William Brydone Jack Observatory National Historic Site of Canada
Fredericton, New Brunswick
© Agence Parcs Canada / Parks Canada Agency, 1992.
5 Bailey Drive - University of New Brunswick, Fredericton, New Brunswick
Historic Sites and Monuments Act (R.S.C., 1985, c. H-4)
1851 to 1851
William Brydone Jack Observatory
Existing plaque: University of New Brunswick 5 Bailey Drive - University of New Brunswick, New Brunswick
Born in Scotland and educated at St. Andrew's, Jack came to Fredericton in 1840 as Professor of Mathematics, Natural Philosophy, and Astronomy at King's college. In 1851 he built the first astronomical observatory in what is now Canada and equipped it with the best available instruments. In collaboration with Harvard University, he extablished the correct longitude of Fredericton and several other sites in New Brunswick and corrected errors in the international boundary. As President of the University (1861-65) he succeeded in establishing the young institution upon firm academic foundations. He died at Fredericton.
Description of Historic Place
The William Brydone Jack Observatory National Historic Site of Canada is a small structure, consisting of an octagonal tower topped with an octagonal conical roof, with a one-storey, gable roofed portion to one side. The building is covered with wooden clapboarding, and simple wooden mouldings and brackets under the roof finish the exterior surfaces. The interior volumes are also plain and serviceable. Designation refers to the building on its footprint.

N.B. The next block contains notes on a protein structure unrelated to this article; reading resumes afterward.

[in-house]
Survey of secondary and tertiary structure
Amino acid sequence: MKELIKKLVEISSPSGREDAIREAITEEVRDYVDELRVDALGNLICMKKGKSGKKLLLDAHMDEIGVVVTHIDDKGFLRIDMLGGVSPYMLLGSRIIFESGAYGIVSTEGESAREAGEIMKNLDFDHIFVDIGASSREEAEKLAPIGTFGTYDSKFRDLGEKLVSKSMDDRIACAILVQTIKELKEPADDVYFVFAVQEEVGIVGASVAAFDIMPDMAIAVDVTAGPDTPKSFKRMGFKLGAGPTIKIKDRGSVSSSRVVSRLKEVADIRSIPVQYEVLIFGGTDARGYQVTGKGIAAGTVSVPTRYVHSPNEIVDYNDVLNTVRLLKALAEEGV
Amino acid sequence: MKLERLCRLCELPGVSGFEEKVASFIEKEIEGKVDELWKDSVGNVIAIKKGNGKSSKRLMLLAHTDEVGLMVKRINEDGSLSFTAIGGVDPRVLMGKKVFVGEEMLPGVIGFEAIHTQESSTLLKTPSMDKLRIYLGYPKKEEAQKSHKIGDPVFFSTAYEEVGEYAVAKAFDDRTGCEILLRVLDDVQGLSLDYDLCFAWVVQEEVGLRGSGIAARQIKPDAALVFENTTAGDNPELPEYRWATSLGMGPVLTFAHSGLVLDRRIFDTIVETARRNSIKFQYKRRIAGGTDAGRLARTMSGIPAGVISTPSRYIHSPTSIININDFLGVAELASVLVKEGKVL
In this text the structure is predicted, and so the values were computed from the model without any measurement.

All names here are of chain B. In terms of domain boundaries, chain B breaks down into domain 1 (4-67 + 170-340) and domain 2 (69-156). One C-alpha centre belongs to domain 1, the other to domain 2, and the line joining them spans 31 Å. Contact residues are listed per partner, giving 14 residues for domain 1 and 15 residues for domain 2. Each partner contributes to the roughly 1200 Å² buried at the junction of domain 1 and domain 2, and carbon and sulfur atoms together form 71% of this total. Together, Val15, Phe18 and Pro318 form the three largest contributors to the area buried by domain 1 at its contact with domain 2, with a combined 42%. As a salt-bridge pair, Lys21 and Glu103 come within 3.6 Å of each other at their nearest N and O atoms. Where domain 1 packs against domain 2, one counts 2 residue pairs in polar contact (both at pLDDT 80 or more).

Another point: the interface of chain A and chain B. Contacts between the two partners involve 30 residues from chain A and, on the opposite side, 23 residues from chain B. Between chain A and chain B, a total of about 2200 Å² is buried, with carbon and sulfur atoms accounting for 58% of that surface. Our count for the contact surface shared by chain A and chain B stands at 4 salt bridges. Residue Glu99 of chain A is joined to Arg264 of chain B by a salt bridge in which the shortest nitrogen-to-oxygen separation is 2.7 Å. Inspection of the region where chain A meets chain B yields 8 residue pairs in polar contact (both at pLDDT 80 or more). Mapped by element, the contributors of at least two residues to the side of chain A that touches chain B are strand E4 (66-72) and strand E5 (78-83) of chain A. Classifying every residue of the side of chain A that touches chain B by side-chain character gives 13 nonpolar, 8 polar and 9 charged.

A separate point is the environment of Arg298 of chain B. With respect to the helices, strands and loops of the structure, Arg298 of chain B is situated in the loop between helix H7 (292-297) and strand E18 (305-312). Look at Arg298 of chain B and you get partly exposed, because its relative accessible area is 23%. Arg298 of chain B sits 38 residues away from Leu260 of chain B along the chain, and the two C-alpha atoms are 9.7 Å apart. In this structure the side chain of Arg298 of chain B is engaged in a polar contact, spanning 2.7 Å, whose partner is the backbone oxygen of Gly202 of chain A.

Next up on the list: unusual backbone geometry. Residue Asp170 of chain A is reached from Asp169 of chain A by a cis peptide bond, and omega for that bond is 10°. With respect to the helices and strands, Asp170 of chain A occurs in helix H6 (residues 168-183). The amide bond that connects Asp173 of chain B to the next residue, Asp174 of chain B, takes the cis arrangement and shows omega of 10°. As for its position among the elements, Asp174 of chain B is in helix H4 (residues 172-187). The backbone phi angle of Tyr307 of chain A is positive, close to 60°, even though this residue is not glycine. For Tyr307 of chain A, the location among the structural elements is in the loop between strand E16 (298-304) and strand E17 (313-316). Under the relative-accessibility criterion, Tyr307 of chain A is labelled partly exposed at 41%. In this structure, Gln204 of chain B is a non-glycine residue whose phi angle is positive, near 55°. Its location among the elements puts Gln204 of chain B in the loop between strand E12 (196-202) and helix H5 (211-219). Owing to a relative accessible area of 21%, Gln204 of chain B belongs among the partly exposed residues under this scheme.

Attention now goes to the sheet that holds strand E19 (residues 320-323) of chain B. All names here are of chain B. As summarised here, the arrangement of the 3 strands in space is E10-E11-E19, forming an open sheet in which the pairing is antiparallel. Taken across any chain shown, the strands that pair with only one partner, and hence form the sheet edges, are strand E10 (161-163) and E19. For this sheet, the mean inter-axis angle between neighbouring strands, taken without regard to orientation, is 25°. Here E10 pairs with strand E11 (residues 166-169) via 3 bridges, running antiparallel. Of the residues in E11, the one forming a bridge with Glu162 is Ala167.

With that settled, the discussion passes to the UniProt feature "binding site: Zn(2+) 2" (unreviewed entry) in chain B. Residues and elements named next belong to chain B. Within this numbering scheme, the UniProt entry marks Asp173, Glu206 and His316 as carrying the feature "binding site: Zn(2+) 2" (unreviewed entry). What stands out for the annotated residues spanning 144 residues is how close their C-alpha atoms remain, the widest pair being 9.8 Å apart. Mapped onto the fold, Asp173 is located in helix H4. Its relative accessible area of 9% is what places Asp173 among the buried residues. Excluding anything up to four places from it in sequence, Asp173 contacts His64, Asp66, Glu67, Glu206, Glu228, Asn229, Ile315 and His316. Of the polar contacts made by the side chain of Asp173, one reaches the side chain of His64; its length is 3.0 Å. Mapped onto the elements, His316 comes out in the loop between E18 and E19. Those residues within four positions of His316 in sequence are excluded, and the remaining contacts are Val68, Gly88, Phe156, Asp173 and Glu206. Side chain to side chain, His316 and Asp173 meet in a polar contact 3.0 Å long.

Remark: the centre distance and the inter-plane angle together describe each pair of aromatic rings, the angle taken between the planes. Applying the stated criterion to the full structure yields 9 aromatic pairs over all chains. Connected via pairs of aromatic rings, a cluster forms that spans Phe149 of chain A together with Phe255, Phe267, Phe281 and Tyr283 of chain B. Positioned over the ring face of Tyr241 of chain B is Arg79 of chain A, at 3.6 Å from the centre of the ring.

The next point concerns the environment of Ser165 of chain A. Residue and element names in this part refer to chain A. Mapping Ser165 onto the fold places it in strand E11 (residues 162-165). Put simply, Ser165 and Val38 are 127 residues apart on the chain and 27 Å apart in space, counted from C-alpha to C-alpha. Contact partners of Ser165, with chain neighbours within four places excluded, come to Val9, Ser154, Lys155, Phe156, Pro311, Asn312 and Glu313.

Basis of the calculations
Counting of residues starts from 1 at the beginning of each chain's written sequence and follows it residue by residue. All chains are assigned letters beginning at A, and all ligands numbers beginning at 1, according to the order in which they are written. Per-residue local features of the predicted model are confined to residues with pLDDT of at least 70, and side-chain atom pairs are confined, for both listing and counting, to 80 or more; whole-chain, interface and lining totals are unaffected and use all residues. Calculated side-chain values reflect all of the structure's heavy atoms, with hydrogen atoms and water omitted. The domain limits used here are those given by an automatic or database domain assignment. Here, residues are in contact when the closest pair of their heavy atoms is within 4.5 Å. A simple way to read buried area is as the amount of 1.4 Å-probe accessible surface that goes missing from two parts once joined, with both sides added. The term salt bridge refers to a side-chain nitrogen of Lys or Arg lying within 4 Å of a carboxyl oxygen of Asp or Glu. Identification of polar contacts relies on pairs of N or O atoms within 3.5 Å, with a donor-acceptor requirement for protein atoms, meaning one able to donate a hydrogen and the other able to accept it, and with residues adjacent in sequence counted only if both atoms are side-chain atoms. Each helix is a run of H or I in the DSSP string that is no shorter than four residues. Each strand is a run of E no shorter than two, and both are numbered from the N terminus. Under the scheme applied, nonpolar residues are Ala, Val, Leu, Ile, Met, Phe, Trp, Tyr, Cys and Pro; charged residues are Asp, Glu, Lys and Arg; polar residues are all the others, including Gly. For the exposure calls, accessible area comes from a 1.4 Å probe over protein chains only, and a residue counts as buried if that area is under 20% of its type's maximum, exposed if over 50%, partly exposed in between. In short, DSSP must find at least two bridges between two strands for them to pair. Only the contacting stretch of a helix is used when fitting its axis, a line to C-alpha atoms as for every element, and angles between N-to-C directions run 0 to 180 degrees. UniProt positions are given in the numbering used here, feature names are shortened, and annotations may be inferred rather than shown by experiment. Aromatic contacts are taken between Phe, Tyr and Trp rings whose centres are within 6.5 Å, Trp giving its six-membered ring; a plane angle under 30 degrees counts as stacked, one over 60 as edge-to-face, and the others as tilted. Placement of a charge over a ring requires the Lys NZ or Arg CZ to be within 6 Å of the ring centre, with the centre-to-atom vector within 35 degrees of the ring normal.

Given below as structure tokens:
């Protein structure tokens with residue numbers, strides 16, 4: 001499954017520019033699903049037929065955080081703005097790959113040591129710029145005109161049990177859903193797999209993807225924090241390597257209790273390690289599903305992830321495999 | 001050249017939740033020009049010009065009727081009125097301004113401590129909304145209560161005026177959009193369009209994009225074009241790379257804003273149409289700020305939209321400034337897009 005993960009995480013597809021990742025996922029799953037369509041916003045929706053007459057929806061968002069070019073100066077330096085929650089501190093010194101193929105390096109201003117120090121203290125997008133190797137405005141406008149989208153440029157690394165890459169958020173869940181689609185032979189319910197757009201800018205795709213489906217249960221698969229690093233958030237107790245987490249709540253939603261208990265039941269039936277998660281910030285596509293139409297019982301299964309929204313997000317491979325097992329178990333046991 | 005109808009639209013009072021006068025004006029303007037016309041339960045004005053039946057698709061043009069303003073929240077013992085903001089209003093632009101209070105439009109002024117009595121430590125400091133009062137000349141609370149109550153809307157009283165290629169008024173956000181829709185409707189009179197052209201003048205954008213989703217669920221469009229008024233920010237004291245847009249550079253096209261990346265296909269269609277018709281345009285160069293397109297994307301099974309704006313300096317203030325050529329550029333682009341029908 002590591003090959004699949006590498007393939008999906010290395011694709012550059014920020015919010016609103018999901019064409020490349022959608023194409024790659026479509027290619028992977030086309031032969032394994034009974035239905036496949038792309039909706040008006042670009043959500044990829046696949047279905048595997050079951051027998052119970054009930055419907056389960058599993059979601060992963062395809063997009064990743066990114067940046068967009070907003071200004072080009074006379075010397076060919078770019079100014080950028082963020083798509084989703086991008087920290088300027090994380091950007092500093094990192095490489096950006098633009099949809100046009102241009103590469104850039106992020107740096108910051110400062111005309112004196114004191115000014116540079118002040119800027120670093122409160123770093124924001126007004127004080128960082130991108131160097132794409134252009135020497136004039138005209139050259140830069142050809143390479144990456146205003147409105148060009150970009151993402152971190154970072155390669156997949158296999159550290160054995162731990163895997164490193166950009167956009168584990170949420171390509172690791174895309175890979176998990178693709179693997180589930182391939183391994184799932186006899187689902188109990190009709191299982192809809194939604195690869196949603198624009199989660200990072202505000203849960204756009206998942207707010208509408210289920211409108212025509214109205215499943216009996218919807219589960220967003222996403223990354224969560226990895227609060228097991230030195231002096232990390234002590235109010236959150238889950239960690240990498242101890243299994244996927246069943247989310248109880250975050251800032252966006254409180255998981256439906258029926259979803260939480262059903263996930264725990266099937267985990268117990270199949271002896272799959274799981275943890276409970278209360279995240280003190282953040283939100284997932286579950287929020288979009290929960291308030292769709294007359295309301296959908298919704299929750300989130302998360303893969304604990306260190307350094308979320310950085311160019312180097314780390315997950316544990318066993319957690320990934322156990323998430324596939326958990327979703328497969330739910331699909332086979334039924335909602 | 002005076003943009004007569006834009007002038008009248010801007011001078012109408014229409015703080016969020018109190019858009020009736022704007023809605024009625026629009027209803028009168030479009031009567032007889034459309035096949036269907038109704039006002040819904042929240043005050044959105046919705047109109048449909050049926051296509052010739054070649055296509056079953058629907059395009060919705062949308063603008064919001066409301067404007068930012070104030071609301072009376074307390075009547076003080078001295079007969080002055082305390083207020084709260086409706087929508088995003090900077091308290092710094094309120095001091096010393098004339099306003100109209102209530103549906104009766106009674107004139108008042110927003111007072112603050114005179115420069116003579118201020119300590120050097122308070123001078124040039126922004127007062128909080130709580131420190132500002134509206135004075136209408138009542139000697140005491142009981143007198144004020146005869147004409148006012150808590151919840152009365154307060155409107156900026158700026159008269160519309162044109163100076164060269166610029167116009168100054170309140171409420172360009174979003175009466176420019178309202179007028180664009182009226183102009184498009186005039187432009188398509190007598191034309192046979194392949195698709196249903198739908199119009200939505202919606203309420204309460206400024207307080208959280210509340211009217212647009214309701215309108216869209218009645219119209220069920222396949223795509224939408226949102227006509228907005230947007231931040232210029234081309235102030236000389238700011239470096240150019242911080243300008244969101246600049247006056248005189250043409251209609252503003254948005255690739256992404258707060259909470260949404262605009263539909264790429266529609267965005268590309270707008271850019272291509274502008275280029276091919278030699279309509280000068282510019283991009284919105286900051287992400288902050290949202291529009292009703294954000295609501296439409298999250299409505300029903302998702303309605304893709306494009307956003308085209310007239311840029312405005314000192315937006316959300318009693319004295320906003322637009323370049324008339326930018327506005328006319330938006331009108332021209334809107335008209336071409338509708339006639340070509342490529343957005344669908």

William Brydone Jack Observatory was designated a national historic site of Canada in 1954 because: it was the first astronomical observatory in Canada.
The William Brydon Jack Observatory was built in 1851 at the instigation of William Brydone Jack, professor of mathematics, natural philosophy and astronomy; and president of the University of New Brunswick, 1861-65. Schooled in the traditions of Scottish universities, he equipped the observatory with the best instruments of the day. In collaboration with Harvard observatory he determined the longitude of Fredericton and other places in New Brunswick, and corrected errors in international boundaries.
Source: Historic Sites and Monuments Board of Canada, Minutes, 1954.
Key elements contributing to the heritage value of this site include: its simple, functional design, consisting of a short octagonal tower topped with a conical roof, with a one-storey rectangular wing attached; the construction materials, simple finishes and volumes; the internal disposition of spaces; the surviving equipment; the building’s site and setting in relation to the University of New Brunswick campus.